If selected, SVBF requested that the items be transferred on Sept. 12-13.

The Gordonsville Grays and the Virginia Division of the Sons of Confederate Veterans also have asked to take the statue and other items. The Virginia SCV did not specify where it would put the statue, while the Gordonsville Grays said they would “rededicate the monument [on] private property in Albemarle County at the time a suitable location is found.”

The institutional historian at the Federal Correctional Complex in Petersburg has requested the cannons and cannonballs.

Douglas Spain said in an August email to the Board of Supervisors that he is working on a monument at the prison for Fort Converse, a Union fort, which was located where the prison now sits.

“If you are looking for a new home for the cannons, I would love to repurpose the guns as a marker to the fort where I will have a plaque made explaining the history of the fort, its significance to ending the war, and will add that the guns were donated by Albemarle County,” Spain said.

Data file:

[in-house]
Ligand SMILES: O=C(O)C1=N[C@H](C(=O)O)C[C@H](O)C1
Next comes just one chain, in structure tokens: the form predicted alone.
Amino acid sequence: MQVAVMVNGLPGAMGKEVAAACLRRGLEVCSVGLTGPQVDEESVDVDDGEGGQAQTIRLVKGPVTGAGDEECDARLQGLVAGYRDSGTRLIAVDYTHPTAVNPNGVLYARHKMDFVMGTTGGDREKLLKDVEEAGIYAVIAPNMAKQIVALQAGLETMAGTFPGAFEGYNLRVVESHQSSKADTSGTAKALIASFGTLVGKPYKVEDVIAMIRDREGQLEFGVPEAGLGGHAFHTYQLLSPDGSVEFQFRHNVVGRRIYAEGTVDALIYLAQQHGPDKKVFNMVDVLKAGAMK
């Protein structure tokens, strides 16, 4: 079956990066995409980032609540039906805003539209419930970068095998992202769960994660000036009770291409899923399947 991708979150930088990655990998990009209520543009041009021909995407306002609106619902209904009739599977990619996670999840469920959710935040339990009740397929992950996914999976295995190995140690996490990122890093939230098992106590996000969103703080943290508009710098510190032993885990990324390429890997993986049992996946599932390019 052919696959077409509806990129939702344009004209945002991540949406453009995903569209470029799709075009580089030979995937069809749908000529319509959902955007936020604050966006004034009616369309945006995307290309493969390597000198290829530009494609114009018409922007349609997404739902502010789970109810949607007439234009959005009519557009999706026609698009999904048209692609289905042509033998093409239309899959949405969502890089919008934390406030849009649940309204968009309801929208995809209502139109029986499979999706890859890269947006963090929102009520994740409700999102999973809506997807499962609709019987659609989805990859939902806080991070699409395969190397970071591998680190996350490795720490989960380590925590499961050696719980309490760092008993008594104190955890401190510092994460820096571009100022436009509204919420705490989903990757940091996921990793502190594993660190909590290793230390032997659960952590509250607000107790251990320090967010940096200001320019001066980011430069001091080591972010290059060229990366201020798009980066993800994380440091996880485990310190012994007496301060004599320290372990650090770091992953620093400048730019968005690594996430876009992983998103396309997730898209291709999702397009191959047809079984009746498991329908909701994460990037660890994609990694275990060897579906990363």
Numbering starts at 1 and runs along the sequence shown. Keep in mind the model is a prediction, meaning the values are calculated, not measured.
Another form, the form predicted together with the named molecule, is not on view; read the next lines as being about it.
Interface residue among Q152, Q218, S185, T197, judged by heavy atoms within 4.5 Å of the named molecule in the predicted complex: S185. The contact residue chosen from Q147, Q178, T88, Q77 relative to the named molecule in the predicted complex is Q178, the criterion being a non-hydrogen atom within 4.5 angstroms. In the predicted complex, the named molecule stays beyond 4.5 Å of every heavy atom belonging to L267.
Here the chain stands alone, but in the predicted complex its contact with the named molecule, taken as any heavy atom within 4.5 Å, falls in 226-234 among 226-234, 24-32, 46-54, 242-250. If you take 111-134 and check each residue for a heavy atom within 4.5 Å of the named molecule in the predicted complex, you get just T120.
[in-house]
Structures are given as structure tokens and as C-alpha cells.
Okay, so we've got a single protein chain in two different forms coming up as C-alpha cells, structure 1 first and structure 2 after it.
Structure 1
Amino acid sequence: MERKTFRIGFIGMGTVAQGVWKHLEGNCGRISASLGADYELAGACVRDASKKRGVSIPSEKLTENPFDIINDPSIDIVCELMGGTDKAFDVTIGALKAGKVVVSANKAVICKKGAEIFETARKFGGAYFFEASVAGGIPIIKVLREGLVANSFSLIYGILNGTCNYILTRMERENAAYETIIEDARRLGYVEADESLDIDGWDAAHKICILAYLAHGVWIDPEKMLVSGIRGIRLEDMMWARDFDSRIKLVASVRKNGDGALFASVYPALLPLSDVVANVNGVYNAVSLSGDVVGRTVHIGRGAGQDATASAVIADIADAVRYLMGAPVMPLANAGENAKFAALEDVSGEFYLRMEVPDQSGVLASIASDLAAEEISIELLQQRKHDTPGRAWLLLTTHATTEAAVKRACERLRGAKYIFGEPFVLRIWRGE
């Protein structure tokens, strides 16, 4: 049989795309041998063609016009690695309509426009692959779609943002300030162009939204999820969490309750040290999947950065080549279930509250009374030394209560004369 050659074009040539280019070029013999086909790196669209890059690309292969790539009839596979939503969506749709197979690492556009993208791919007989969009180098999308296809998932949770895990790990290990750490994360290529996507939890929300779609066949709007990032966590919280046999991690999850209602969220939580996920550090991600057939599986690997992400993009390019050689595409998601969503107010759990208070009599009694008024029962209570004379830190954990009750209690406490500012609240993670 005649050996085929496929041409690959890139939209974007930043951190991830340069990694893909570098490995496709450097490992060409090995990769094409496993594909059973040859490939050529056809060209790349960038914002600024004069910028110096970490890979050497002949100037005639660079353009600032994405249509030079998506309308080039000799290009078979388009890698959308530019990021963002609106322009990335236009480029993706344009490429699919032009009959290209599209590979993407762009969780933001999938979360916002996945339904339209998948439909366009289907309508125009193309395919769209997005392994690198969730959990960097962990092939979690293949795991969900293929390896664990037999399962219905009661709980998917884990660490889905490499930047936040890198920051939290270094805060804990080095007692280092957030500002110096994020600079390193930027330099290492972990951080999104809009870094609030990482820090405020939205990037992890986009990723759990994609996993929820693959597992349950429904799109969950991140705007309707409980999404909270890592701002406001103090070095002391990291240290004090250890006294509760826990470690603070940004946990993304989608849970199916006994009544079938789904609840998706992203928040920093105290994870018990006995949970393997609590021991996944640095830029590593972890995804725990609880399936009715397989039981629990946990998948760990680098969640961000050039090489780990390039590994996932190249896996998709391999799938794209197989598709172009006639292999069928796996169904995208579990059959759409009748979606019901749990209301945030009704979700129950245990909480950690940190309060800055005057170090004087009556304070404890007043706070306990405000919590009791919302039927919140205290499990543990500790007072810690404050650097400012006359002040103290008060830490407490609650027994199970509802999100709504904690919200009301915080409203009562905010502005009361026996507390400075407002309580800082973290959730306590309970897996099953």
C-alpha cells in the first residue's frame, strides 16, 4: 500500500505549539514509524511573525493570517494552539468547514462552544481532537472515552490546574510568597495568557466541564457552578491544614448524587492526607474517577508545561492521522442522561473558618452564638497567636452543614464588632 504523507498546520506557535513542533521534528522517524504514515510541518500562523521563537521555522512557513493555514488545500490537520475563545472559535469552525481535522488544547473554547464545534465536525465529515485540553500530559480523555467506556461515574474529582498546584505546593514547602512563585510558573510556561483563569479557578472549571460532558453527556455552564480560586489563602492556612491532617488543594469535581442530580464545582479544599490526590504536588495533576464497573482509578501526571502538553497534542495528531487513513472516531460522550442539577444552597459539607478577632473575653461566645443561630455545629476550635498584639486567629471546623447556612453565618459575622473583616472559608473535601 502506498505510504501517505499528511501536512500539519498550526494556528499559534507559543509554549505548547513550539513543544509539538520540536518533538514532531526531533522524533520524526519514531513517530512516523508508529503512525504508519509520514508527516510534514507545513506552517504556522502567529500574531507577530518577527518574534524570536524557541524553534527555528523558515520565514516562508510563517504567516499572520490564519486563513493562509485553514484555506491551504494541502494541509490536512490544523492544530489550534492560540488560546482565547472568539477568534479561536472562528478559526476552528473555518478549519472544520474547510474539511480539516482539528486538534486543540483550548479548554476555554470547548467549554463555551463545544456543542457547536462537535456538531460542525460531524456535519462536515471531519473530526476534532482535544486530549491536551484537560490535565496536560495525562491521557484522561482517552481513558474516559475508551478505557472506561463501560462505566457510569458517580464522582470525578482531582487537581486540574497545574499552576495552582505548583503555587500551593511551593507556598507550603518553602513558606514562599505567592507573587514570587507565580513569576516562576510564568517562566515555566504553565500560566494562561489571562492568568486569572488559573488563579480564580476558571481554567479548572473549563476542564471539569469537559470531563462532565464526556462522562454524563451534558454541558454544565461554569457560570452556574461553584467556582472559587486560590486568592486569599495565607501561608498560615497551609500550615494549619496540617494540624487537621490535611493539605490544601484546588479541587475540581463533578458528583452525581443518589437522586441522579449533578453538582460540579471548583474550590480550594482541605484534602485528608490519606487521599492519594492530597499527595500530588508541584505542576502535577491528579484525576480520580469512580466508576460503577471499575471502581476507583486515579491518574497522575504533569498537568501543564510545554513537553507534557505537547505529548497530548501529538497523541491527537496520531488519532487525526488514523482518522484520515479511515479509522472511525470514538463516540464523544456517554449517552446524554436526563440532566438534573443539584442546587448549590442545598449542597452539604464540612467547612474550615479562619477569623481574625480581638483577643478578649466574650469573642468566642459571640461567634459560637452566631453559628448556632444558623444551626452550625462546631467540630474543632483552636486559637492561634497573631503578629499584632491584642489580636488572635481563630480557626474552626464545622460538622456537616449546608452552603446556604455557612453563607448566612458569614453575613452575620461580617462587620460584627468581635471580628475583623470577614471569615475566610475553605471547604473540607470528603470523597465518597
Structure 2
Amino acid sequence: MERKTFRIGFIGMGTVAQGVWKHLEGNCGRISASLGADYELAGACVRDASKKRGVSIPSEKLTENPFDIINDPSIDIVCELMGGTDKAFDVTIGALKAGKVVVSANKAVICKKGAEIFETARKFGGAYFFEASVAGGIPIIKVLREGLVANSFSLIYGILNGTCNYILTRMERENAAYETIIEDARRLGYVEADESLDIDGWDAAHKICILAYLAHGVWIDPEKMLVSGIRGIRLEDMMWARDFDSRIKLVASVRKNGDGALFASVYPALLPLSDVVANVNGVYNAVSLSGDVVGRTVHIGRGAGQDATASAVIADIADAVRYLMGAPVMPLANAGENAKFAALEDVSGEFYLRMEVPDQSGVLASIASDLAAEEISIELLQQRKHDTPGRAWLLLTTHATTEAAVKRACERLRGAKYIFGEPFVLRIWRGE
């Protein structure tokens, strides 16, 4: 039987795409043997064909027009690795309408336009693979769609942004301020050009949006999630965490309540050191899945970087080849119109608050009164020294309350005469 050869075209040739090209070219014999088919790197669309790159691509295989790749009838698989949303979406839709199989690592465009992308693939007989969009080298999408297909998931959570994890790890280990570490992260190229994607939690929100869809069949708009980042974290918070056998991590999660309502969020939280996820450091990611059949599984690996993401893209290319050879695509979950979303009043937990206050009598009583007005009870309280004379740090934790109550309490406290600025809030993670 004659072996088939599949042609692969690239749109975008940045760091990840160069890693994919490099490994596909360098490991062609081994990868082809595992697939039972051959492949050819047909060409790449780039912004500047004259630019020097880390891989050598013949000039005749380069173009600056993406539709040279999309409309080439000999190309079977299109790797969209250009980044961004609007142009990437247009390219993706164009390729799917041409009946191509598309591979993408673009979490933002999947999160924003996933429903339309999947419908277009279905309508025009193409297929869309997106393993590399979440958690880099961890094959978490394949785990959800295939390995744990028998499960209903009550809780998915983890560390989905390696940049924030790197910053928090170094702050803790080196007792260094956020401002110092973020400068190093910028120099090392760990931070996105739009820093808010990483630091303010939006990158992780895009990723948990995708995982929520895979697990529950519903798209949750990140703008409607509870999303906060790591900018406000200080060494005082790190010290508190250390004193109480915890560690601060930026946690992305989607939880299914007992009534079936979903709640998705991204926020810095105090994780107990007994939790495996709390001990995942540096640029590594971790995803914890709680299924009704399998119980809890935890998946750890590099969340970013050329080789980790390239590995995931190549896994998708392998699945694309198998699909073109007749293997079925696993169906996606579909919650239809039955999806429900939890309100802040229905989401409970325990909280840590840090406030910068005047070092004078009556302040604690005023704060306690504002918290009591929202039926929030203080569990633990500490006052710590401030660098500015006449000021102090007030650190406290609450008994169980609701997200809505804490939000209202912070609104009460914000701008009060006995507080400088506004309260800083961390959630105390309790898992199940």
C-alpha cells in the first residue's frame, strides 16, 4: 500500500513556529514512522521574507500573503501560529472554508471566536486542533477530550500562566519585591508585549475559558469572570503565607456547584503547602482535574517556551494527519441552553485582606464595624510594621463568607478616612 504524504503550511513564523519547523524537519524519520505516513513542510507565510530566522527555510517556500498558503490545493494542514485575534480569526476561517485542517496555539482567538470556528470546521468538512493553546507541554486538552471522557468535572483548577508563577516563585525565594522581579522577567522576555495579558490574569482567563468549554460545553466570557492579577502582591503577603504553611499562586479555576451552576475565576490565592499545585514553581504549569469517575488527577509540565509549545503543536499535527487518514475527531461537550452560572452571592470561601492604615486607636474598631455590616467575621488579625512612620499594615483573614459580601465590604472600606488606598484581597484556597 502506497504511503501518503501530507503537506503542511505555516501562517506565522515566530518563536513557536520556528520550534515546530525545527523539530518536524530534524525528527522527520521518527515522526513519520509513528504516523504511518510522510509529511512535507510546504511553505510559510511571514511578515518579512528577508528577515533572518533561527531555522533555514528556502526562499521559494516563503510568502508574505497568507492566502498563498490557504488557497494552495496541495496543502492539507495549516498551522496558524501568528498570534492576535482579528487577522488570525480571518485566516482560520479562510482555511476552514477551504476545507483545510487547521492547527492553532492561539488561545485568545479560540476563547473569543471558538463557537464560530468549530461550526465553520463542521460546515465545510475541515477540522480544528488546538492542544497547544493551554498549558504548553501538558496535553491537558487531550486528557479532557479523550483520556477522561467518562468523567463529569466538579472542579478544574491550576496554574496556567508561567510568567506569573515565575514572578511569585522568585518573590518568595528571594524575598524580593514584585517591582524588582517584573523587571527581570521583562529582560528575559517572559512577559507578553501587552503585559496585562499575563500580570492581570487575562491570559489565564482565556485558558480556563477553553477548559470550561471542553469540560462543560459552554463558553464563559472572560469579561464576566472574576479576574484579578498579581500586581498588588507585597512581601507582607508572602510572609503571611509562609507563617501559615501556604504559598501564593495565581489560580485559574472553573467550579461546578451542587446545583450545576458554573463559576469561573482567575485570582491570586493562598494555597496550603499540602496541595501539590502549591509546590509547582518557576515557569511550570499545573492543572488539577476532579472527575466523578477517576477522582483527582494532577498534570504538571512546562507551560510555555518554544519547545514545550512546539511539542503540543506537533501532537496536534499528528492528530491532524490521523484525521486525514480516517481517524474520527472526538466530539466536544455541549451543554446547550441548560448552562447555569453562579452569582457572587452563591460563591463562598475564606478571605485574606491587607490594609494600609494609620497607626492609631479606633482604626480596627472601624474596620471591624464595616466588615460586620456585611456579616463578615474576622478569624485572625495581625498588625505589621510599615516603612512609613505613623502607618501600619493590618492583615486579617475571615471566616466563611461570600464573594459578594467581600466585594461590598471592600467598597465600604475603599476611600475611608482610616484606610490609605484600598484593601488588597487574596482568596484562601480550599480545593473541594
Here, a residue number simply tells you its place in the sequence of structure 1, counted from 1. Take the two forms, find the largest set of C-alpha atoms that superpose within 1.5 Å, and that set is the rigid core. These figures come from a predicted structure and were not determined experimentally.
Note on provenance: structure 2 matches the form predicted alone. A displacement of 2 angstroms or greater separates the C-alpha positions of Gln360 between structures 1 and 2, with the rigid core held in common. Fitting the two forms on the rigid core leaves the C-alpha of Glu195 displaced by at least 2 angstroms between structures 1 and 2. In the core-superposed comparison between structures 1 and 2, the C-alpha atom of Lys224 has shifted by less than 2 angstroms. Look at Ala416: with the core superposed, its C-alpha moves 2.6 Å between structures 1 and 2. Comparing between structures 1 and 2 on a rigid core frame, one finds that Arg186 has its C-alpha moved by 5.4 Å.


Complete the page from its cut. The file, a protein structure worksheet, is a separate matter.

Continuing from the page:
The Isle of Wight County Historical Society wants the cannonballs.

“Our intent is to display these cannonballs inside of historic Fort Huger to enhance the educational aspect of our historic park,” the society’s vice president said in an August email.

Historic Gordonsville, a nonprofit that works to preserves the Exchange Hotel, has asked for the statue and the cannons, and said its display “would be accessible to those who want to see it and can be avoided by those for whom it is painful or offensive.”

“Sitting a little over a mile from the county line, the Exchange would be an appropriate place for the ‘At Ready’ monument and cannons both because of our Civil War history in general and our connections to Albemarle specifically. In the spring of 1861, several Albemarle men mustered with the Gordonsville Grays (of the 13th VA regiment) across from the Exchange,” the organization’s president said in a letter. “There were also several wounded Albemarle men treated at the Exchange while it was a hospital.”

The Trevilian Station Battlefield Foundation would like the cannons to place them at locations known to be artillery positions at the Battlefield of Trevilian Station in Louisa County, according to a letter.

Rhodesland LLC, owners of the Hampstead dairy farm in Somerset, also have asked for the cannons.